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textureoverride_vs_texturereplace_1

Texture Override vs. Texture Replace (How, When and Why)

by Anarch16sync

Well, this is my first real tutorial, so bear with me for a second, more than a tutorial it is a reference to the difference between this two properties in the units editor.

First, these two properties have the function to replace the texture of a model in-game, so using this we don't need to have multiple meshes to use different material. Normaly this doesn't really matter, since one or two extra meshes won't bloat the mod size, but for the sake of optimization this should be the way to go.

Now,

How to use these properties

Like in a lot of things there are two ways to do this, one is to edit the unit .dat file directly with notepad, notepad+ or the text editor of your preference, and the other way is using the GUTS Units editor.

A. For TextureOverride:

1. Direct edit .DAT file

Editing the .dat file directly, the line that needs to be re-writen is:

<STRING>TEXTURE_OVERRIDE:media\models\monsters\mirka\mirka2.dds

and point it to the new texture to use, in this case to the second Mirka texture.

2. In Guts

We need to go to: Data Editors, Units and then the type of unit we want to edit since all the editors have the field for this option.

  • In the Items editor and the props, the field is in the top zone, under the mesh field.
  • In the Monster editor and the player editor, the field is in the “Files” tab.

Now, just like in the dat file this field should be filled with the relative direction of the texture file

Now lets see the results:

Left we have the normal mirka with the texture defined in the material file, and right we have the one with the textureoverride string added, both using the same mesh.

Now, let's see how to use TextureReplace.

B. For Texture Replace

1. Direct edit .DAT file

If we want to edit the .dat file directly, the code will be:

	[TEXTURE_REPLACE]
		<STRING>NAME:sturm_melee_mat
		<STRING>TEXTURE:media/models/monsters/Corrupted_Sturmbeorn/C_sturm_melee/sturm_melee2.dds
	[/TEXTURE_REPLACE]

In the NAME field, we need to write the internal material name . This is the name of the material that appears inside the .material file (open it with notepad++ or other text editor to see it). Just like in TextureOverride, in the TEXTURE field we use the relative direction of the new texture file.

2.In GUTS

Just like with TextureOverride we need to go to any of the units editor, and there to the “TextureReplace” tab, there we find a table with both fields, MATERIALNAME and TEXTUREFILE.

And the results are:

Left we have the Sturmbeorn with the TextureReplace strings, and right we have the normal sturmbeorn, with the original texture defined in the material file.

Now, you are going to say… “Both do the same thing, DUH!” But you can't use them in every mesh, well you can't use TextureOverride in every mesh. So that makes for the second part of this… when to use one or the other.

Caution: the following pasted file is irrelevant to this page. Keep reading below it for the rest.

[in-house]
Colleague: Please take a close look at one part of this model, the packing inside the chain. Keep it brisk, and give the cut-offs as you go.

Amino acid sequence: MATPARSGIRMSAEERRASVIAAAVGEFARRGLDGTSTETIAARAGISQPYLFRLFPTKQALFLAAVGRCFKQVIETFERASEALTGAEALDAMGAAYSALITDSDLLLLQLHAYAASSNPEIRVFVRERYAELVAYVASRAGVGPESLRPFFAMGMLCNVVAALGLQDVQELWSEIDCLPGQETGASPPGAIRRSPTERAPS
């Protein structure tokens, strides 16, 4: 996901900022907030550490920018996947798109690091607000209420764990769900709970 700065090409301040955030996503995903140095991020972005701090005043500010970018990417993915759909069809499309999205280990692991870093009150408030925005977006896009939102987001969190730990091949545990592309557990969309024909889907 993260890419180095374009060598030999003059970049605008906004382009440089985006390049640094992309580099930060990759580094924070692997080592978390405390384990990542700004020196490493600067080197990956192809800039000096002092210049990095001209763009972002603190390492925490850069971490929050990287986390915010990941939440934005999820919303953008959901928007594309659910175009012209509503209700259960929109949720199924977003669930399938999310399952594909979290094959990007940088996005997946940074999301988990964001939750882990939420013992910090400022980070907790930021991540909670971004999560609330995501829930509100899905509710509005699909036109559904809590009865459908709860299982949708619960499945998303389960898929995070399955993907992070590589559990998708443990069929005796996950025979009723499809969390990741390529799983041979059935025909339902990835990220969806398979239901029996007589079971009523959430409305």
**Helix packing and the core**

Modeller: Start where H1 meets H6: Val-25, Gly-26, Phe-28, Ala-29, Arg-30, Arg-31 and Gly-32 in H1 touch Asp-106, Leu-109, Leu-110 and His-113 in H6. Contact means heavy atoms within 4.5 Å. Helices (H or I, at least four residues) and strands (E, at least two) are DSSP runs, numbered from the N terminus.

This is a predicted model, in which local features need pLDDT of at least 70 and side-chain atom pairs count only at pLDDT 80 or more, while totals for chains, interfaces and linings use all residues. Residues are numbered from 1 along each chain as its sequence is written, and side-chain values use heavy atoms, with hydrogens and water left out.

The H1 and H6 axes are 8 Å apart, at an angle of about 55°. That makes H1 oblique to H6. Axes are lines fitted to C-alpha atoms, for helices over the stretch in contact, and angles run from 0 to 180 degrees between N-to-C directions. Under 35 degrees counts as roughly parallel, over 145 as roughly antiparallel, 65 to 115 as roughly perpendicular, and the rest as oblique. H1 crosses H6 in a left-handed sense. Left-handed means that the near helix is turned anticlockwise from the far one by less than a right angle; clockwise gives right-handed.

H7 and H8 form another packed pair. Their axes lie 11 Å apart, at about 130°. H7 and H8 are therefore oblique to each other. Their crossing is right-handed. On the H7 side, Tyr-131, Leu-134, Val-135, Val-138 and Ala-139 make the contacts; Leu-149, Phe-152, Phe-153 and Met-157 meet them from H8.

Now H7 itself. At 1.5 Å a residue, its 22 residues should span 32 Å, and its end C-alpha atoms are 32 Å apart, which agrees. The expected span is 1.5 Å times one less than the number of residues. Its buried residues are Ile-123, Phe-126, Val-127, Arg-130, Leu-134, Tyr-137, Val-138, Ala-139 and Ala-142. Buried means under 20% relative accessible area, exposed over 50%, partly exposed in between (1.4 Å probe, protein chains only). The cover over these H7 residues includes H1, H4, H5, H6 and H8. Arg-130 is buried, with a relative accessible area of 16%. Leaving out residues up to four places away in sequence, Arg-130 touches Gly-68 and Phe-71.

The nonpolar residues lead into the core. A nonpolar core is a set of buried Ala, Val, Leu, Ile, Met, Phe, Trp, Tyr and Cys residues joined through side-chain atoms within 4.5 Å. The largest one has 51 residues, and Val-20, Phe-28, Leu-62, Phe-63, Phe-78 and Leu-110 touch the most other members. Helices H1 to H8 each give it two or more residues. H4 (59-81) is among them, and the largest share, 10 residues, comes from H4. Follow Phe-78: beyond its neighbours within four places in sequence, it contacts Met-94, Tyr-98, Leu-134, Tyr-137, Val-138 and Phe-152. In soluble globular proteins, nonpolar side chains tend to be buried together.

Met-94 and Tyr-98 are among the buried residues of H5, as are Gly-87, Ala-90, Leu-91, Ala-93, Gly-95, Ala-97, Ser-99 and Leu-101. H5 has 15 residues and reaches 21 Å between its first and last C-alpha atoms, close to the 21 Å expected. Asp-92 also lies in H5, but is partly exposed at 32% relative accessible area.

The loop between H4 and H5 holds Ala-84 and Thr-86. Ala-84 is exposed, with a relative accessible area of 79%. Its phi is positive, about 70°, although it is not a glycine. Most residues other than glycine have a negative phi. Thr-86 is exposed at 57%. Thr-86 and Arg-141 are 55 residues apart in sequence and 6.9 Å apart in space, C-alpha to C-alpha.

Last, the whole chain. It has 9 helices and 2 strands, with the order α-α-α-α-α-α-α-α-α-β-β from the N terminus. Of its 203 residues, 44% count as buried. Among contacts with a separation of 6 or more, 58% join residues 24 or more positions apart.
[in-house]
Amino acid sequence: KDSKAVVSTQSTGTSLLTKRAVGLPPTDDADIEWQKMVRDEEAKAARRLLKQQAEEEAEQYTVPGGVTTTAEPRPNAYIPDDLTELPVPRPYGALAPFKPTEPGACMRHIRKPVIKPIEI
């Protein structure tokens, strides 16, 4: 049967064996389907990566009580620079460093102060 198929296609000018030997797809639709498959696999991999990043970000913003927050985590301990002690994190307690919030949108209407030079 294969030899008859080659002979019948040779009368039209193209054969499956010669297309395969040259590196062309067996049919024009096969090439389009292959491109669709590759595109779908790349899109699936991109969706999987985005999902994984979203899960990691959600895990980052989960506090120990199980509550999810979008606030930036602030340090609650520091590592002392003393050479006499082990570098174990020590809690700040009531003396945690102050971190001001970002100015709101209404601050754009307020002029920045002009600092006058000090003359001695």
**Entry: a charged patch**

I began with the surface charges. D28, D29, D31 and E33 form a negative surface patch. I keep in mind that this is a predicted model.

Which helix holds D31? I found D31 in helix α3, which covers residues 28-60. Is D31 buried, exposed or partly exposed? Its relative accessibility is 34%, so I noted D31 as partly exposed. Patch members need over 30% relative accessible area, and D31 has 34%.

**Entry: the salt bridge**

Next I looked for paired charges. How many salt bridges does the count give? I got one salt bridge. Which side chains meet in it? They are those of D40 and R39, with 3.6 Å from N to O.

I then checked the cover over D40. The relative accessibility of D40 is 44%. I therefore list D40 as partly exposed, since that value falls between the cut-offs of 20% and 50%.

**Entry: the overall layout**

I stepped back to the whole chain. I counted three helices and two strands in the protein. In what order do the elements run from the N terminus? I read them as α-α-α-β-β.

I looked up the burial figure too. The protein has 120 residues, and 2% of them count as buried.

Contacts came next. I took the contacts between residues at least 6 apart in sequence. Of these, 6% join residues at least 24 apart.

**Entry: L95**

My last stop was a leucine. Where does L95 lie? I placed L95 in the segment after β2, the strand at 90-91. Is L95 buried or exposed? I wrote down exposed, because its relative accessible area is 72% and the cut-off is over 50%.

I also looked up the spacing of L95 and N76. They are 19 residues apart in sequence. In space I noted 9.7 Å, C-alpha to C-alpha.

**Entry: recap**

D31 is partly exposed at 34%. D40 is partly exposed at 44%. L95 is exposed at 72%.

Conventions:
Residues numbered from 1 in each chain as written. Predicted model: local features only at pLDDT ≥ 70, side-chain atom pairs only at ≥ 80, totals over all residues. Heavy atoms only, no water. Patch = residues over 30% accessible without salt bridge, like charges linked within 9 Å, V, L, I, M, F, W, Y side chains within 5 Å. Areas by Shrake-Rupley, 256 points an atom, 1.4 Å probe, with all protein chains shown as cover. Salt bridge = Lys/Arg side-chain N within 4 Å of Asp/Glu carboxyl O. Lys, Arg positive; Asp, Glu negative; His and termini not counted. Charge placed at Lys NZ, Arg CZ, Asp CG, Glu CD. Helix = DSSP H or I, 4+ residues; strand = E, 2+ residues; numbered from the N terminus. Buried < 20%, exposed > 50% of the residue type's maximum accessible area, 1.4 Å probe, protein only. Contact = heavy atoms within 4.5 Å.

First, lets look at TextureOverride, this one is pretty straight forward when it comes to use. It's going to work RIGHT only when the mesh doesn't have more than 1 texture image in the material file.

For example, lets look at the material file of our mirka:

Here we see that, the mirka has 2 submeshes, but both point to the same texture image, making it possible for textureoverride to work right…

Now, prepare your eyes, 'cause I'm going to show you, what happens when Textureoverrite doesn't work right… For this example, we are gonna use a lovely Mimic.

This is the material file for the big mimic mesh:

Ok, here is a big difference, again 2 submeshes but this time they point to different image files. So if we apply texture override to the mimic, this is what happens:

Left the mimic with the mimic_chest_rare_01.png applied, and right the one with chest_rare_01.png applied. Kind of ugly,mmm… one looks a bit cool… but, that's what happens when TextureOverride doesn't work.

And Now, let's talk a bit about TextureReplace, as far as my testing goes… It will always work.

This makes TextureReplace look like the better of the two, but textureoverride is important 'cause it is the string used when you make skins for starting pets, since they use a Texture_override_list.

Lastly, there is one thing neither of this options can achieve, and that is to change the material properties.

For example: You want to have 2 monster, for example Dog and Ghost Dog, and you want the Ghost dog to be translucent… It doesn't matter how much alpha you put in your texture file, if the material file doesn't have alpha properties, it won't work.

So you will need to make a clone mesh to use a new material file. And example of this in the game files is the phase beast and the Jackal. So you could check that up for reference on translucent materials.

And that is all folks, hope you enjoy it, and find it useful.

textureoverride_vs_texturereplace_1.txt · Last modified: 2018/10/01 14:38 by anarch16sync